The Commoner. 1 1 r Dr. Miles' Anti-Pain Pills. A quick, Mfo, and rare relief for sick or ner ou Headache, Backache, Stomach Pains, Neuralgia, Nervousnoss, Irritability, Sleepless, ness, Kneumatism, Sciatica. Contain no opium or morphine, and leave no bad after-effects. 25 doses 25c. At druggists. Burying Czolgosz. The following resolutions ' were adopted by the students of the Ne braska Wesleyan university: Whereas, The sentence has been pro nounced upon Leon Czolgosz; tho as sassin of our lamented national exe cutive, William McKinley; and Whereas, We believe that, the re cusal to allow the assassin's remains a resting placo upon American soil, 'would be as powerful a rebuke to an archy as even his execution; therefore, be it Resolved, That we, the students of tho Nebraska Wesleyan university, in chapel assembled, hereby indorse as most appropriate the disposal of tho assassin's body suggested by Chancel lor Huntington' In his memorial ad dress for the late president, namely: "I c...

Publication Title: Commoner, The
Source: Chronicling America [US Library of Congress]
Country/State of Publication: Nebraska, United States
Page 12 [Newspaper Page] — The commoner. — 18 October 1901

wiwJH wwpi W 'W The Commoner. 12 ' it m Admiral Schloy. They're fighting the battle all over again; The big guns are booming once more; And Sampson today lingers far, far 'away While Schley bears the brunt as be fore. On the old fighter's track the entire snarling pack Have followed with hue and with cry, Till now, when he faces them all, they slink back From the sight of brave Admiral Schley. When heroes were needed, he stood on the bridge And met the proud navy of Spain. He .followed it on till the battle was won And its vessels went down in the main. When heroes are honored he's slighted and spurned, While others are praised to the sky. He yet is deprived of the glory he earned, Our gallant old Admiral Schley. But though he's insulted by puppets in power, The people are slow to forget. They only await a more fortunate hour To crown him in victory yet. His fame is secure. When the scroll is unrolled His name will be written on high 'Mid those of our gallant sea-fighters of old, Ma...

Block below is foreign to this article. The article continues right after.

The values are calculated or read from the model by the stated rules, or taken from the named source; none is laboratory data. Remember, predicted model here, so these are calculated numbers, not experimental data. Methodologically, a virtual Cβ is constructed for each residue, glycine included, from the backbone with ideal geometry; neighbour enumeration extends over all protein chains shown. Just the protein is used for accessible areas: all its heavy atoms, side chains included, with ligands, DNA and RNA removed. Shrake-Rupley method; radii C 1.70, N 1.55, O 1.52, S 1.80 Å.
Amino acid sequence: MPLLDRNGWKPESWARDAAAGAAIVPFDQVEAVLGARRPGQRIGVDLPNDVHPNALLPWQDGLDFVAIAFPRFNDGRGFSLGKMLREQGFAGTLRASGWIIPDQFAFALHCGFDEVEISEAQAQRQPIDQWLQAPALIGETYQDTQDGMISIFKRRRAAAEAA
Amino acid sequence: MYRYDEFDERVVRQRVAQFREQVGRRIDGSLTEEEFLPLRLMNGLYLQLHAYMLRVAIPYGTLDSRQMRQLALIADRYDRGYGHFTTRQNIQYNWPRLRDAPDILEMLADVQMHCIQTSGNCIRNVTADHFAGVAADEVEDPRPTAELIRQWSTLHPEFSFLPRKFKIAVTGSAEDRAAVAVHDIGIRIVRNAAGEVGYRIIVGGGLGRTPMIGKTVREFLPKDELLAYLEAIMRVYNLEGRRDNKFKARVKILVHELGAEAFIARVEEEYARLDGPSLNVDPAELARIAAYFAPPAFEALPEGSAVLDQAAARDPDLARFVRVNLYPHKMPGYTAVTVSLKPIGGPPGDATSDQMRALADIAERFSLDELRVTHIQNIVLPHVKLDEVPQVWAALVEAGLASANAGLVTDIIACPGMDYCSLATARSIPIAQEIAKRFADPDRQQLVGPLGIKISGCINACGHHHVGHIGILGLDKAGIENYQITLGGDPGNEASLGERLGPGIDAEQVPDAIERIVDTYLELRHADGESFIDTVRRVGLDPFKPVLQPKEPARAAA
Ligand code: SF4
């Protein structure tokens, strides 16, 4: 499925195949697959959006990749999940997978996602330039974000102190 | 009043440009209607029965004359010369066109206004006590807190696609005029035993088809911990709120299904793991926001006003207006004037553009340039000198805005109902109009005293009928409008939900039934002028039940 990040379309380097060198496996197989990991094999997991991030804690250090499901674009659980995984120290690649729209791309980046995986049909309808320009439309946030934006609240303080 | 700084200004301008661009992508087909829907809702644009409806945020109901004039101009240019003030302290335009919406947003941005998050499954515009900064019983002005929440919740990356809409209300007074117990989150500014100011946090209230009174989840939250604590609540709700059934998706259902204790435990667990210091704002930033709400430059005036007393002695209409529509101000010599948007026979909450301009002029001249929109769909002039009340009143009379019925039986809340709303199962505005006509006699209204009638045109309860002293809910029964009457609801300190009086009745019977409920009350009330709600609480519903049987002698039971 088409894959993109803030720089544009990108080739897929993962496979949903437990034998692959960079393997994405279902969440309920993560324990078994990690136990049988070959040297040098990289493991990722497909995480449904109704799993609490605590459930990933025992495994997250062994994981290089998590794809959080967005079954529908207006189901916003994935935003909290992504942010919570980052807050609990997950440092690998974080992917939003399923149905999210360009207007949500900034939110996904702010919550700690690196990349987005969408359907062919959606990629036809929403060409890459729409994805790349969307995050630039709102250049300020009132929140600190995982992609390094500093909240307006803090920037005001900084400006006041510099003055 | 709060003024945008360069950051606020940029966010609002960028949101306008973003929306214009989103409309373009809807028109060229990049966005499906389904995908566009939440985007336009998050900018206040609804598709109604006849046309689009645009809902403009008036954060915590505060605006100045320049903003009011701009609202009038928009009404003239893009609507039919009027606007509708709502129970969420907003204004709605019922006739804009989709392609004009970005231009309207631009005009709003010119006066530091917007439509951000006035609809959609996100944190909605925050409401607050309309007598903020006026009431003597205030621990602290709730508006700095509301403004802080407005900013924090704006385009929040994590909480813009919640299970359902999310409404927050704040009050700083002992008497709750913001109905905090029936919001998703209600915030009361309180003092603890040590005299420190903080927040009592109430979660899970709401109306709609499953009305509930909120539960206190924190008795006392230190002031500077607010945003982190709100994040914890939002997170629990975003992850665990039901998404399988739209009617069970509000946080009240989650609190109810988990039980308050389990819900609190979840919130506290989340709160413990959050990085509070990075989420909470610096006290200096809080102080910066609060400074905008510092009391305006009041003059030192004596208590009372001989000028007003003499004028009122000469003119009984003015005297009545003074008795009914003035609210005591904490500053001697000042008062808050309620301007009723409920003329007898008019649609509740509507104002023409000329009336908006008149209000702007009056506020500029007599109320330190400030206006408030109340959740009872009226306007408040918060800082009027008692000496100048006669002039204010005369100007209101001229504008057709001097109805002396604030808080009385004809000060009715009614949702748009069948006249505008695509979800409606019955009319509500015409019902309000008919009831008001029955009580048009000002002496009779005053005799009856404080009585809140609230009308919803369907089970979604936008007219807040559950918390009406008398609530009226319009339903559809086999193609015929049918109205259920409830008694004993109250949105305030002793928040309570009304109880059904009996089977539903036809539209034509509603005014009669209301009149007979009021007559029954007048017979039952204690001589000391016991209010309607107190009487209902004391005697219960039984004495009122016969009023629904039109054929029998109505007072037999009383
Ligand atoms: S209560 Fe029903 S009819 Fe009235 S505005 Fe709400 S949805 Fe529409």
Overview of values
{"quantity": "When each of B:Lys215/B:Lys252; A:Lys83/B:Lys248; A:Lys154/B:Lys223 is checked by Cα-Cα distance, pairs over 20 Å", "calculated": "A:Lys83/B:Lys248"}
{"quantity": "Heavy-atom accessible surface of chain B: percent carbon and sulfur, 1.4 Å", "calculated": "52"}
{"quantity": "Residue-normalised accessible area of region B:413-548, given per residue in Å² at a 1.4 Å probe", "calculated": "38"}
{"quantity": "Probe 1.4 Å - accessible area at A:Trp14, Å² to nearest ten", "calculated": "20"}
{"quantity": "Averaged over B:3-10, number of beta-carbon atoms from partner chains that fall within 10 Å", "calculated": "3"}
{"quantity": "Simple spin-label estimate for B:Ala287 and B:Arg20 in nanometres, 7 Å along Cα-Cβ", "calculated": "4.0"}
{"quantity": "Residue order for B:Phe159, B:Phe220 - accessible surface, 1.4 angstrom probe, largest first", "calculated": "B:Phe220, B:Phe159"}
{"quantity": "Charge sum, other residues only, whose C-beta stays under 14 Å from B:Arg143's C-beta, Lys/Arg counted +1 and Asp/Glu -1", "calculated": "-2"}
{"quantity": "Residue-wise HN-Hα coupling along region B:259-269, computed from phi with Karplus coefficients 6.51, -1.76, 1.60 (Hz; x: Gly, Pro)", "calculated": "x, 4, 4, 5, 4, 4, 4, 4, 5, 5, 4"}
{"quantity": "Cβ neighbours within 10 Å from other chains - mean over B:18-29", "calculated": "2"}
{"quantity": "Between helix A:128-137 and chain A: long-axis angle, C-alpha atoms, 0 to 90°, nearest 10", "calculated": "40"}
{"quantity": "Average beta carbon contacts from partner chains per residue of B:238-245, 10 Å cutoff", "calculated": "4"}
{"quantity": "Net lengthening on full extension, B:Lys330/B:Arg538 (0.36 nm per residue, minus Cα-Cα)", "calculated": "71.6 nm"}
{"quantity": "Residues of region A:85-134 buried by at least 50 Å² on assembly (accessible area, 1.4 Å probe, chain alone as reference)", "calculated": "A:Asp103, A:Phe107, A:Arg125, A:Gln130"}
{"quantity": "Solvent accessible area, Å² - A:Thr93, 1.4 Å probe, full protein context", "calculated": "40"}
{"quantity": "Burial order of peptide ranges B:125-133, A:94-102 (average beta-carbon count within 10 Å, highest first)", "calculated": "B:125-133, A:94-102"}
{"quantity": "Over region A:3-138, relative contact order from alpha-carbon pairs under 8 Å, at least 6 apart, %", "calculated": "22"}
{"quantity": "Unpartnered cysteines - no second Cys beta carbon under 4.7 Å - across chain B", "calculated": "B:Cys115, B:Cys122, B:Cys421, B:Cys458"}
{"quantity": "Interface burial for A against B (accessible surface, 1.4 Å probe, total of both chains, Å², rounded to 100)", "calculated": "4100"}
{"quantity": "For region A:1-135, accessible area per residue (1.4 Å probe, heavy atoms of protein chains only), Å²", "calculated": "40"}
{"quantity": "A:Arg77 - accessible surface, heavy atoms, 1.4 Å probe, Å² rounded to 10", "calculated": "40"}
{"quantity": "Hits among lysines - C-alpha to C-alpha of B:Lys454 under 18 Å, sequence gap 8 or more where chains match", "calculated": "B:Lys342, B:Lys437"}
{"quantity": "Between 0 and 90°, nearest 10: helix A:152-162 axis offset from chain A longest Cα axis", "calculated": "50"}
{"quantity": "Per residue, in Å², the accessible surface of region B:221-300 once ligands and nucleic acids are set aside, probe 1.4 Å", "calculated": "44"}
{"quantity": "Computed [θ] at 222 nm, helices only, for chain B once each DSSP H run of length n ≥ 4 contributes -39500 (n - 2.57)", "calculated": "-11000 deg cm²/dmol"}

Publication Title: Commoner, The
Source: Chronicling America [US Library of Congress]
Country/State of Publication: Nebraska, United States
Page 1 [Newspaper Page] — The commoner. — 25 October 1901

Commoner 1 ne WILLIATI J. BRYAN, EDITOR AND PROPRIETOR. Vol. i. No. 40. Lincoln, Nebraska, October 25, 1901. $1.00 a Year An Inquiry Answered. A-reader asks for a definiti6n of the word "Democracy" as used by Thomas Jefferson, and also a definition of tho word "Republican ism" as used by Abraham Lincoln. If tho reader -will compare tho utterances of Jeffer son with the utterances of Lincoln he will find that Lincoln used tho word "Republican" in the same sense that Jefferson used tho word "dem ocrat." In fact, the followers of Jefferson were first called Republicans, and Jefferson . speaks of Republicanism as synonymous with Democracy. For instance, in 1790, in a reply to an address, (see Jeffersonian Cyclopedia, page 754,) ho said: "The republican Is the only form of govern- VYtYt4 tTitrV lei kf ao11it of irn OTlr? flonfir war with the rights of men." In 1793, in a letter to Madison, he said: "The war between Prance and England has brought forward the republicans and monocrats in e...

Publication Title: Commoner, The
Source: Chronicling America [US Library of Congress]
Country/State of Publication: Nebraska, United States
Page 2 [Newspaper Page] — The commoner. — 25 October 1901